2020 has not been the year to take a Grand Tour of Europe, hit a multi-day music festival, or go on a tropical cruise. But that doesn’t mean adventure isn’t out there! You just have to learn how to find it a little differently. Creating safe, mini-adventures can help you stay sane in the coming months.
What is a Microadventure
People are used to thinking of adventures as being far-flung, complicated, and maybe even a little risky. An adventure might involve deciding to sail across the ocean or climb a mountain. But the idea of microadventures turns that concept on its head to make adventures accessible to everyone in their everyday life.
According to Alastair Humphreys, whose blog popularized the idea of microadventures, they’re “short, simple, local, cheap – yet still fun, exciting, challenging, refreshing, and rewarding.” The point is to break away from your often-mundane quotidian existence.
Benefits of Microadventures
The amazing thing about taking small adventures is that you can trick your brain into thinking you’ve taken a bigger one. It really doesn’t take much more than a little change of scenery to make you feel like you’ve “gotten away”.
Your brain loves adventure and doesn’t know the difference between those that are big and those that are small. It will release dopamine when you make unfamiliar choices. And dopamine makes you happier!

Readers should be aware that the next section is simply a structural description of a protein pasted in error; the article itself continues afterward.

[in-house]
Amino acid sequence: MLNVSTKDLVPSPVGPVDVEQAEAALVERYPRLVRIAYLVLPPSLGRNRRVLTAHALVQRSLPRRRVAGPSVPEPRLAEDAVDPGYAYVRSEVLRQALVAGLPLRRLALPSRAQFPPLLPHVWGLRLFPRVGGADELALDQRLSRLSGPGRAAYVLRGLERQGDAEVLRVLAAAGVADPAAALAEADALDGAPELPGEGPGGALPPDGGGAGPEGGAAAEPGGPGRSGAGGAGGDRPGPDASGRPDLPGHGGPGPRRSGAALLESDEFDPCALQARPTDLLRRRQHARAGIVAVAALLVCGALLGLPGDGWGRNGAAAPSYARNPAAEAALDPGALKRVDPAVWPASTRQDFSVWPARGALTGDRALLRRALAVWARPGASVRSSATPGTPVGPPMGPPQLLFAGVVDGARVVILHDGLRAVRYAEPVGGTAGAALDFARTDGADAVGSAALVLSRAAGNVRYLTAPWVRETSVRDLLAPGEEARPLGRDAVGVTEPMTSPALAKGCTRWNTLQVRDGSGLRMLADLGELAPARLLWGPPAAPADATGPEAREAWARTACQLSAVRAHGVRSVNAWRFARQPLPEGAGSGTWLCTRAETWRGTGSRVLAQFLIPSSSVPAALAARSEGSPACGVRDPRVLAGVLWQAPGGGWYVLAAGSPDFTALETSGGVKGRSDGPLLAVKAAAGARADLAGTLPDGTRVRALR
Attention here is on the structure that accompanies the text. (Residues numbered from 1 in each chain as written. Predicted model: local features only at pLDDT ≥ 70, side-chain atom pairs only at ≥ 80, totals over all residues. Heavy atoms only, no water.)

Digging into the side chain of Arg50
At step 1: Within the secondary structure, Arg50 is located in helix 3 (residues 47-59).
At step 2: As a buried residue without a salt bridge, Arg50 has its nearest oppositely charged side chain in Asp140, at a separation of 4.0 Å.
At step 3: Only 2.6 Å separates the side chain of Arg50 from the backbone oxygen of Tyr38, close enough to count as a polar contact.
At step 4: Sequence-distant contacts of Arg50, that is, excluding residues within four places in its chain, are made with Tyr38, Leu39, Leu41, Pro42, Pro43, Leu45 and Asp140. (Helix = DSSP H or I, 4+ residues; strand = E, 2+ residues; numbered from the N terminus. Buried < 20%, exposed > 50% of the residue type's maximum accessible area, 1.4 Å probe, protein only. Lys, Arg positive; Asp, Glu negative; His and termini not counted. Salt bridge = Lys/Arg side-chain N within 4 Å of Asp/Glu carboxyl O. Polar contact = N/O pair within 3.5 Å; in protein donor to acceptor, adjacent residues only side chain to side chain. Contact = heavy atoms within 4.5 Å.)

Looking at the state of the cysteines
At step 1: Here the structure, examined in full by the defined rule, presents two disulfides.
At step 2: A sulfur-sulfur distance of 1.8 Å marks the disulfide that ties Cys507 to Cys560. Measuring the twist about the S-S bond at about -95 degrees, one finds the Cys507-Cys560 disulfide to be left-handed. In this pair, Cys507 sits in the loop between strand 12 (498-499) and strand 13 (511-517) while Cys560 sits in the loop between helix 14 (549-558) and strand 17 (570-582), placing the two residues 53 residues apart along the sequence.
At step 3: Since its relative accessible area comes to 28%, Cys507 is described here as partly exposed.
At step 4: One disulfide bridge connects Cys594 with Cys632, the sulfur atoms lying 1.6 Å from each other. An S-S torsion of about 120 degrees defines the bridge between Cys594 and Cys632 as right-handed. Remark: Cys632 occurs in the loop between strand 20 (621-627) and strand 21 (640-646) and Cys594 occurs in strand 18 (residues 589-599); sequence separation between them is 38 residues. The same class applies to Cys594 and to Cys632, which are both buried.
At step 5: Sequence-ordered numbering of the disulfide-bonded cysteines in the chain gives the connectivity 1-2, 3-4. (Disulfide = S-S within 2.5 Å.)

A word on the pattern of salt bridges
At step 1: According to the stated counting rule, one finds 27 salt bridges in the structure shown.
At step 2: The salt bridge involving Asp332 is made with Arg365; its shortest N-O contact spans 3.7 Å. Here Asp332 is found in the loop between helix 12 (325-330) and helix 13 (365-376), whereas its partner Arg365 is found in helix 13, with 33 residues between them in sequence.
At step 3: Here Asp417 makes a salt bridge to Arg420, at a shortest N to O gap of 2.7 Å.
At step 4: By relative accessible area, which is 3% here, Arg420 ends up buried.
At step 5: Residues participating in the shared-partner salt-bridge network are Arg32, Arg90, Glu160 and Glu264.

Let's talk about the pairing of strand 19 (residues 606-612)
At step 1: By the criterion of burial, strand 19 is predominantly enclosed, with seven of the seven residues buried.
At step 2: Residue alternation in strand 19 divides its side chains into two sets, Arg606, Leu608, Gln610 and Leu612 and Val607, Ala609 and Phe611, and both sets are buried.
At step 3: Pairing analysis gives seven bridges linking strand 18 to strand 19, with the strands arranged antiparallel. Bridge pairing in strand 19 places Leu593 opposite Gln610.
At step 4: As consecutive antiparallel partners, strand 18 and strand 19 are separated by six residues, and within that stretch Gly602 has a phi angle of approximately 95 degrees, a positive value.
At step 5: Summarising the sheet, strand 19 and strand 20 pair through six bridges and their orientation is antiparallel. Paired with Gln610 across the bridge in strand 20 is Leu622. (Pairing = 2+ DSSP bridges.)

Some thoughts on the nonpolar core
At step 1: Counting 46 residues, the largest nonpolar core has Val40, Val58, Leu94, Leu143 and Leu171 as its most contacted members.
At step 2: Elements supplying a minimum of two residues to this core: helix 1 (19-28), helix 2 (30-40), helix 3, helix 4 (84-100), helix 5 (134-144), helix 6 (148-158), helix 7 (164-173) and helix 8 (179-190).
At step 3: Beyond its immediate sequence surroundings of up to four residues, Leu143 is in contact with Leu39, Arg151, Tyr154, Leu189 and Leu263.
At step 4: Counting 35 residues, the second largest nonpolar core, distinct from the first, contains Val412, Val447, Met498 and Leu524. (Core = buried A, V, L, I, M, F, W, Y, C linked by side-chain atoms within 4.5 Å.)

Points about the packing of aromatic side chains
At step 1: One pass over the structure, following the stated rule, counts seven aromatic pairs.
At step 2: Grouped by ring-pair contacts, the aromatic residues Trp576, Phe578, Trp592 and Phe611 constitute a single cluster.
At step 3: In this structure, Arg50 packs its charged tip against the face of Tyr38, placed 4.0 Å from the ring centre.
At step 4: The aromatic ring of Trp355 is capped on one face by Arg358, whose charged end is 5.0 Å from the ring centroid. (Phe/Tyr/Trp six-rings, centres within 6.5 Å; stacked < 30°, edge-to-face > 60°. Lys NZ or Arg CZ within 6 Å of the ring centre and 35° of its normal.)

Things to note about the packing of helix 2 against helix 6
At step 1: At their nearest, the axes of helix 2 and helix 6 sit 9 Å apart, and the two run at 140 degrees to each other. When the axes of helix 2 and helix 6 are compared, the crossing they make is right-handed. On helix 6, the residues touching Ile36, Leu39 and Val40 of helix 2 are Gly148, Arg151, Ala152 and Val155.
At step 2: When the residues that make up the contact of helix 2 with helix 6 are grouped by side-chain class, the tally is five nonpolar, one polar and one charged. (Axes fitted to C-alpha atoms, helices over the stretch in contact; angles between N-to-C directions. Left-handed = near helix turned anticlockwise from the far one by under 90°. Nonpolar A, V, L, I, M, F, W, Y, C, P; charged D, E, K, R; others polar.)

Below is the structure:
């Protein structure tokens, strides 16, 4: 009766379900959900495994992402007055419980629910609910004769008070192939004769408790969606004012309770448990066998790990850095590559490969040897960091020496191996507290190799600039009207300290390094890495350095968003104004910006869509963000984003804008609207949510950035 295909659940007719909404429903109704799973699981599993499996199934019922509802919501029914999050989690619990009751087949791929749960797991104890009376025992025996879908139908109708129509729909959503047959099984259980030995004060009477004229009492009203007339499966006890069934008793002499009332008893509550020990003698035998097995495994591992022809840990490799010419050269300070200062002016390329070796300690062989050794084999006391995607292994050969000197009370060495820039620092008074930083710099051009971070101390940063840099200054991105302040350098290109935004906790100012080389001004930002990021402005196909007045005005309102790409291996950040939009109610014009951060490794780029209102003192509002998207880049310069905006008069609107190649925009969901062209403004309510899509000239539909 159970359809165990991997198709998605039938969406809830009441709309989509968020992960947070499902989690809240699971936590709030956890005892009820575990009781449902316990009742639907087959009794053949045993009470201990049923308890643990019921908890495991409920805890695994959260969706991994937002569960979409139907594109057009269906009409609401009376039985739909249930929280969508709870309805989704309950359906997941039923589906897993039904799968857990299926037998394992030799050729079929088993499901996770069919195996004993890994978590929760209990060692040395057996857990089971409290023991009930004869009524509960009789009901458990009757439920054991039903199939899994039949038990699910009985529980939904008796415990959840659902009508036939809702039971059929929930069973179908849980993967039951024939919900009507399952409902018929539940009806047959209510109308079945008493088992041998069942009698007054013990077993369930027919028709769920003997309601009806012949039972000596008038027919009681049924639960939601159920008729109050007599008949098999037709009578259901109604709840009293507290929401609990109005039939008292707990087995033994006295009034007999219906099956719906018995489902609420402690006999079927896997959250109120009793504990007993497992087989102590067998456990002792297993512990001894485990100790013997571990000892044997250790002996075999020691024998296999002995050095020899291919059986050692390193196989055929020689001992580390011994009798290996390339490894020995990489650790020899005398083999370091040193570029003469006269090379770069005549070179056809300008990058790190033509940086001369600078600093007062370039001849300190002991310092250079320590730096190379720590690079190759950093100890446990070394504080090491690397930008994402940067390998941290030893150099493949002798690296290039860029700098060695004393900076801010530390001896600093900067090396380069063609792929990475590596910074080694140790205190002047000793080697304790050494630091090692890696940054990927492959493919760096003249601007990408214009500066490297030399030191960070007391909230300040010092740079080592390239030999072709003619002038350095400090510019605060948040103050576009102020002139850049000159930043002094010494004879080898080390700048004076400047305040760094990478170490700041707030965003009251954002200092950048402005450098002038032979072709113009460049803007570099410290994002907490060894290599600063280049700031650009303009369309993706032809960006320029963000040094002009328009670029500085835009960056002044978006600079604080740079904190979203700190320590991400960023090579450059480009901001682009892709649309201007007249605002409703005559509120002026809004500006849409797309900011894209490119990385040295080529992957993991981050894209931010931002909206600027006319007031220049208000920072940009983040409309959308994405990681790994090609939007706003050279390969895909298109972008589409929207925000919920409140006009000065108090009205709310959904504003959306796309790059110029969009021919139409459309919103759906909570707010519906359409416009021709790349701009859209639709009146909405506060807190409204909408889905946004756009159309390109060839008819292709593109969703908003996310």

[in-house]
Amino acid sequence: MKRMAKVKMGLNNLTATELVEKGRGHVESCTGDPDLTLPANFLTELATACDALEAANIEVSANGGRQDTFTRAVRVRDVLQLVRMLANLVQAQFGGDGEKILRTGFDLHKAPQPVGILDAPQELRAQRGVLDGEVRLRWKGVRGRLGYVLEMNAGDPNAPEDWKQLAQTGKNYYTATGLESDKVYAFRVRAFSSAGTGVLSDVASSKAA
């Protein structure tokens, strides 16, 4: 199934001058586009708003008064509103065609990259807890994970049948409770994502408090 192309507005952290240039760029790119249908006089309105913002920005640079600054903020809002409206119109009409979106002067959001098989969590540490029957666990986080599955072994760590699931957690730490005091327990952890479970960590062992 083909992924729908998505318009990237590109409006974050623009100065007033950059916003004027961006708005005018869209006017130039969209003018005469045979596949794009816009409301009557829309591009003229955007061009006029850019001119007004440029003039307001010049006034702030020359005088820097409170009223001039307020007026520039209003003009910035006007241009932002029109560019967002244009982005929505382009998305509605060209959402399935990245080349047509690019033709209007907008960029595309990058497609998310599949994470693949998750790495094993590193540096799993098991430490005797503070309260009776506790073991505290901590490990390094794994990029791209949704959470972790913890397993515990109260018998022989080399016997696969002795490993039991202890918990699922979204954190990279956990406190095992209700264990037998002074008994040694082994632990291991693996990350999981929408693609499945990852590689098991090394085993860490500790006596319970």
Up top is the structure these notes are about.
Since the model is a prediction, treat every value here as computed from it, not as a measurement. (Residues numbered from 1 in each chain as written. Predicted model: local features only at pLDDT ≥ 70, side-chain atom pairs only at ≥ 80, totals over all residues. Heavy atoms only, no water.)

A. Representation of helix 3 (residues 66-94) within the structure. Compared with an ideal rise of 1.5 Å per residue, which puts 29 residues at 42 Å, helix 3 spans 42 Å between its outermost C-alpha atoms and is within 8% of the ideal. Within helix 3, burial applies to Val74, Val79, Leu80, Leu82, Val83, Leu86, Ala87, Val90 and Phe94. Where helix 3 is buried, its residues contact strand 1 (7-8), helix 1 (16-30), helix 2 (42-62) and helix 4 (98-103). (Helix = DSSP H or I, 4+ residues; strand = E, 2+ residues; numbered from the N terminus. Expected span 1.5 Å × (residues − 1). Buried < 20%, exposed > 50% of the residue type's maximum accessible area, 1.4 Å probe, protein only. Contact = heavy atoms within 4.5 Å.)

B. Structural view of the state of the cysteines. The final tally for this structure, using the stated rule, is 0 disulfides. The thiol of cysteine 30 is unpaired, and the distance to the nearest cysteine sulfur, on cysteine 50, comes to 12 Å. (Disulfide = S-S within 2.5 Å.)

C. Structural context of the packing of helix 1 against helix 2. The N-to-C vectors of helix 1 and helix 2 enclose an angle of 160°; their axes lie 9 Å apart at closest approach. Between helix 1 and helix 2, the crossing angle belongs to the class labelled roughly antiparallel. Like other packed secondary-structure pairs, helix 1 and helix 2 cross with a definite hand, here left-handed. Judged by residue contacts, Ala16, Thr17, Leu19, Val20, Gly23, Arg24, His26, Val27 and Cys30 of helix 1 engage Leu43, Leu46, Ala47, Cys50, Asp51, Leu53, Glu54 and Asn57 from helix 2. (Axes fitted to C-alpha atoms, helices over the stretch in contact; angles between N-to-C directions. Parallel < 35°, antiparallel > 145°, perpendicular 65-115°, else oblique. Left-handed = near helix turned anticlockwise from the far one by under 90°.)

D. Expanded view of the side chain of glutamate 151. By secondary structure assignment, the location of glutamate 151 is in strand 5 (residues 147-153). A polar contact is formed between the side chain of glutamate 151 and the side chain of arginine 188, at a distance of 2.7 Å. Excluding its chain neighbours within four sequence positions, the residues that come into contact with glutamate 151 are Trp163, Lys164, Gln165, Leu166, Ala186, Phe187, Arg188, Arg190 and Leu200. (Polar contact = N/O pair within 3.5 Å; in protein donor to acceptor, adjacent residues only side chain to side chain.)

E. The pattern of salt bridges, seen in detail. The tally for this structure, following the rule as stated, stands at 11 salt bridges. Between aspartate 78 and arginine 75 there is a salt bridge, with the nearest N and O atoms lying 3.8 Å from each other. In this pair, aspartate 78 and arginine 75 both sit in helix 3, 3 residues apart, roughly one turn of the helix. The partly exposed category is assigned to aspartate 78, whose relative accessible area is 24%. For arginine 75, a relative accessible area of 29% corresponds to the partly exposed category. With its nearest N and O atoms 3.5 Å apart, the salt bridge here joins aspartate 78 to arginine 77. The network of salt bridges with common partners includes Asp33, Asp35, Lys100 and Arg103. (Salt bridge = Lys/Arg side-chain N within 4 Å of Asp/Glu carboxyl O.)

Examples of Microadventures
If you need a little spark of inspiration to help you get excited about the microadventure concept, here are some day trip ideas that are local and allow for social distancing:
· Farm Visits: Typically, farms are a Fall favorite for cider and corn mazes, but lots of them also offer tours, volunteer opportunities, or U-pick fruits and vegetables all year round.
· Get Out on the Water: The open sea is a great place to social-distance, but so are lakes and rivers! You can try out kayaking, paddle boarding, or fishing for something to do.
· Nature Reserves: Take up birdwatching, bring a wildflower field guide, or spend some time sketching and identifying different plants you come across while you walk through a natural landscape.
· State Parks: You’ll find many recreational opportunities at state parks, and may even be able to try a new skill like snowshoeing, cross-country skiing, outdoor rock-climbing, or hiking.
· Camping: There’s no better way to get back to basics and connect with the outdoors and sleeping under the stars and cooking around the campfire.
· Walking Tour: Microadventures are typically meant to involve going into the outdoors, but if you’re stuck in an urban area you can try downloading a walking tour podcast and learn interesting historical facts about the buildings and streets of your city.
· Do What You Normally Do, But Differently: A microadventure can even mean finding ways to switch up your normal routes and routines, like driving a new way to work, turning your lunch break into a picnic, or taking your daily run at sunset to enjoy the light.
Break Away from Your Everyday
When it’s safe to travel again, big adventures like Mount Kilimanjaro and the Great Wall of China will still be there for you to explore. Until then, there are plenty of local ways to fulfill your wanderlust cravings. Make this the year of the microadventure. You won’t regret it!